Big Idea: The gospel kills our pride and destroys our despair
Though it's common place in our lives, our constant comparison is killing us. NOTHING good comes from comparing ourselves to anyone else. Think about it. Comparison kills you because it inevitably leads to one of two places:
1. Comparison leads to despair
Despair is the feeling you experience when you compare yourself to someone else and deem them better than you could ever be.
I compare myself to another Christian and think, "I'll never be as holy as they are. I'll never worship like they do. I'll never love Christ like them. I'll never read my Bible, or pray like they do." I compare myself to another husband and think, "I'll never love as well, lead as humbly, provide as sufficiently, or serve as humbly he does." I compare myself to another pastor and think, "I'll never preach or lead as efficiently or effectively as he does." Comparison kills by leading to a place of despair.
2. Comparison leads to pride
Pride is the feeling you experience when you compare yourself to someone else and deem yourself better than they could ever be.
I compare myself to another Christian and think, "I'm so much more holy then they are. I love Jesus far more than they do." I compare myself to another father and think, "I'm a way better dad than that guy. I play with my kids, I'm sensitive to their needs, and I make them a priority. He doesn't do any of that." I compare myself to another pastor and think, "I'm so glad I preach better than that guy. I'm glad my theology is superior to his. I'm glad I love lost people more than he does. I'm making disciples far more effectively than he ever will."
See what I mean? Comparing ourselves to others leads to one of two evils - despair, or pride.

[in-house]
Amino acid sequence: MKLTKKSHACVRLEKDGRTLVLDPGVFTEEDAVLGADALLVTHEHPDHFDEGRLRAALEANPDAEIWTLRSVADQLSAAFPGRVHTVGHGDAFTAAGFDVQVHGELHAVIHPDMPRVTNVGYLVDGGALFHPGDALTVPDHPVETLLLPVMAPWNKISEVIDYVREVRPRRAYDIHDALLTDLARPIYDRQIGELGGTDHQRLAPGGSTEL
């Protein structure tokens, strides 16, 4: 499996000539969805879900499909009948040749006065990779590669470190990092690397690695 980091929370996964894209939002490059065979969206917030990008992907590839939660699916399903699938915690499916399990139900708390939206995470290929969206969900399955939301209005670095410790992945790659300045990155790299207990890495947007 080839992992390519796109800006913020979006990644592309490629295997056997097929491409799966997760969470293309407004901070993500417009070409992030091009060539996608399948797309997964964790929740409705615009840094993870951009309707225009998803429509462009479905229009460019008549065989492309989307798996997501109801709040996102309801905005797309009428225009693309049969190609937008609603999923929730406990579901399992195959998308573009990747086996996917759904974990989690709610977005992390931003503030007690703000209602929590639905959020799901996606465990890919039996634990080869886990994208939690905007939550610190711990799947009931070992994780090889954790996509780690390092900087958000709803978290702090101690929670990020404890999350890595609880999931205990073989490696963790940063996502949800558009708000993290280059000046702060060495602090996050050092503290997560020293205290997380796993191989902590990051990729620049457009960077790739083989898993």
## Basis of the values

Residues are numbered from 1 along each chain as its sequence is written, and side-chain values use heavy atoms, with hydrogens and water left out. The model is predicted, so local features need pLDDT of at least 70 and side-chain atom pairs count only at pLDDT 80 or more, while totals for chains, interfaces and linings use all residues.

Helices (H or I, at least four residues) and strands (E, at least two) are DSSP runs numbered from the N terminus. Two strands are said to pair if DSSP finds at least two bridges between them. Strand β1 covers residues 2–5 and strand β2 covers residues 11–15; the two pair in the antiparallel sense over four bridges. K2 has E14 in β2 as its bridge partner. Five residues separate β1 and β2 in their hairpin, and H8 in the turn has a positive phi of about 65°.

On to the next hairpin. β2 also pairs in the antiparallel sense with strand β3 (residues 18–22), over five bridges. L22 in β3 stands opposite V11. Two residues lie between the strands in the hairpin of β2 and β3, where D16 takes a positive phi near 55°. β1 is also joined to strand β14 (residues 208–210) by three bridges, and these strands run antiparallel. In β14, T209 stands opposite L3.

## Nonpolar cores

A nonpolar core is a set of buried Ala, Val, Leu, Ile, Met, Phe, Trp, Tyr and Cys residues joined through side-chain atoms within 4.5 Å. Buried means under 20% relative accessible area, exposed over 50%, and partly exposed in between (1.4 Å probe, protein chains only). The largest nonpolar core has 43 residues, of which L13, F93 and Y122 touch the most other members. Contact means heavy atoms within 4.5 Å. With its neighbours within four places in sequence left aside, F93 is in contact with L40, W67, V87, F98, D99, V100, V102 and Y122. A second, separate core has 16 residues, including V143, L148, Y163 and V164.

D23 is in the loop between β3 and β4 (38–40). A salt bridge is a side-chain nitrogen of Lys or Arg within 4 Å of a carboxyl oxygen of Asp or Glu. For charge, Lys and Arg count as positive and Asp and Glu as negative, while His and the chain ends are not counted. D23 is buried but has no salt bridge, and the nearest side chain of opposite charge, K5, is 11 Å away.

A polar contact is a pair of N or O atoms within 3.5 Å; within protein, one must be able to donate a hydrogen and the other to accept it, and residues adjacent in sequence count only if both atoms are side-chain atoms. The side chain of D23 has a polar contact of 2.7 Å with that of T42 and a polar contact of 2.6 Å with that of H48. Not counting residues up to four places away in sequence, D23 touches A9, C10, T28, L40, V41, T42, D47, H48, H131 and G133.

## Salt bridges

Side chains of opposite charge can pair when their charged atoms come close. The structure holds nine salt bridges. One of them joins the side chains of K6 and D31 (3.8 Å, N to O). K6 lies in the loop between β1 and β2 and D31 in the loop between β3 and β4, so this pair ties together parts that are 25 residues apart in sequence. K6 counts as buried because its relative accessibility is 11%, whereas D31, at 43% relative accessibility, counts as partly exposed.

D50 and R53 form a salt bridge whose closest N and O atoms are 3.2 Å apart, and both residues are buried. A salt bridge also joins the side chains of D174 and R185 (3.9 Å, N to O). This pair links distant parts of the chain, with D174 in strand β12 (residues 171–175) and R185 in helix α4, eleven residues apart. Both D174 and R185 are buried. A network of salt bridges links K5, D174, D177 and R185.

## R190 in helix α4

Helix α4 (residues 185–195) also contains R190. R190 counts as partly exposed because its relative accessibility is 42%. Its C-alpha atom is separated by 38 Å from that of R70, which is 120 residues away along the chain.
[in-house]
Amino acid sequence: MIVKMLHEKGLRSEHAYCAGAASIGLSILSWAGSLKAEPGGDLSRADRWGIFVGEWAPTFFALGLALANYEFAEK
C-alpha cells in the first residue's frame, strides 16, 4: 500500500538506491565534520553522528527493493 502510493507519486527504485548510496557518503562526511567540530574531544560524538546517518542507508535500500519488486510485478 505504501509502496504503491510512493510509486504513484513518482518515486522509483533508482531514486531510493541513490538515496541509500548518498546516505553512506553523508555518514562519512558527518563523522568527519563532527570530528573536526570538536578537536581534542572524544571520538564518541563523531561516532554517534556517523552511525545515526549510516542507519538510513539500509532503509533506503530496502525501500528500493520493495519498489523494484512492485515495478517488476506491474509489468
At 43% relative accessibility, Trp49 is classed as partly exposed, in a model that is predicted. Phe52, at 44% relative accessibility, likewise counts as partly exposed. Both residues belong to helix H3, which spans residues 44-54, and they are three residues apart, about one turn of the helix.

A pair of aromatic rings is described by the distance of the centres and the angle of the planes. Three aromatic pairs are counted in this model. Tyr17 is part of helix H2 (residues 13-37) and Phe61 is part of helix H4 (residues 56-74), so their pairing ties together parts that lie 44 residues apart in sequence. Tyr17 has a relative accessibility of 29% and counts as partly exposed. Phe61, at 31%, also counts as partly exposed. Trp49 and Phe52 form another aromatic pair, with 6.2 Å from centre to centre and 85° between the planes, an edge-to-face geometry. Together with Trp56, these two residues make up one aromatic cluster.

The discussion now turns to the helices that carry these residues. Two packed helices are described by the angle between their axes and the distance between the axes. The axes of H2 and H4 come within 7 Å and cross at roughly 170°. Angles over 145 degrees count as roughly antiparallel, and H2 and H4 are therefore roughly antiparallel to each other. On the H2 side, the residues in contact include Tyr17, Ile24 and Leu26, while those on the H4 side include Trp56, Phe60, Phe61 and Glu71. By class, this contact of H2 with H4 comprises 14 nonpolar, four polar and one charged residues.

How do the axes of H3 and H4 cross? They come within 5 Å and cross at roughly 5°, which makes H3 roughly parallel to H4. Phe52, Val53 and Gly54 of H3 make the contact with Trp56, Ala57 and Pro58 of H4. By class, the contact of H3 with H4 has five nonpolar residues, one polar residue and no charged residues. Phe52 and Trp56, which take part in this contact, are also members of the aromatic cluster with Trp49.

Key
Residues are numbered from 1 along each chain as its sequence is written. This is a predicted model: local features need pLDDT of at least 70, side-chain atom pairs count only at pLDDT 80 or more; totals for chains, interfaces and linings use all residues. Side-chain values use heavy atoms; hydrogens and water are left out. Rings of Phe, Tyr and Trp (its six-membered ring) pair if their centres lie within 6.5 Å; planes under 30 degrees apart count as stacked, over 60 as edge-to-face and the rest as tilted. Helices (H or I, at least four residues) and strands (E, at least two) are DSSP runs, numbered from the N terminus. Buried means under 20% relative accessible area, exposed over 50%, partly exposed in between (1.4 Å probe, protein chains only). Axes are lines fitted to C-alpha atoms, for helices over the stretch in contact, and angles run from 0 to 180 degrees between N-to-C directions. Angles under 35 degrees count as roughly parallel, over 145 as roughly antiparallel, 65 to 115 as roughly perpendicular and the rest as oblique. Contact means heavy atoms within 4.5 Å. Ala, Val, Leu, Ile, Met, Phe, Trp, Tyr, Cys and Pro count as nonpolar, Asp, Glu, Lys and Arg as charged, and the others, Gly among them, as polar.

We need to stop comparing ourselves to other Christians, husbands, wives, moms, dads, pastors, friends, brothers, sisters, co-workers, and classmates. Instead, we need to start comparing ourselves to one person - JESUS.
When I compare myself to Jesus one thing becomes clear - He is perfect and I am not. But the good news of the gospel is this...
"God shows his love for us in that while we were still sinners, Christ died for us." - Romans 5:8
The gospel kills our pride and destroys our despair. Jesus frees us from the need to compare ourselves to others.
If you're a mom...Jesus' life, death, and resurrection means you no longer need to feel a sense of guilt and despair when you read that "mommy blog" written by the woman who cooks every meal from scratch, is a constant source of creativity, and homeschools her 14 perfect children who all play different instruments, dress in denim unitards, and are fluent in Latin. She's not your standard for comparison, Jesus is.
If you're a pastor...you and I have no business comparing ourselves to other pastors and feeling a sense of superiority for any reason. They are not our standard for comparison, Jesus is.
If you're a follower of Jesus...you need not compare yourself to other Christians and despair over your comparative lack of Biblical obedience, nor feel pride because of your comparative spiritual maturity. Our Christian brothers and sisters around us are NOT our standard for comparison...JESUS IS!
Bottom line: You and I are NOT Jesus. You and I can't be Jesus. You and I will never live up to Jesus. But, because of who Jesus was and what Jesus did we don't need to. Jesus lived the life we could never live. Jesus died the death our pride deserves and our despair demands. Jesus rose again and conquered our failure to measure up to Him.
We've all done it. We've all compared ourselves to someone else at some point in our lives - other Christians, other pastors, other parents, other husbands, other wives, other students, other men, other women...the list goes on and on. We compare ourselves to everyone around us morally, spiritually, intellectually, and physically.
Let's stop comparing ourselves to those around us and start repenting of the resulting sins of pride and despair. Let's refuse to compare our lives to others and instead rest in the gracious affection, acceptance, and approval of Jesus.
This post originally appeared here on January 26, 2012.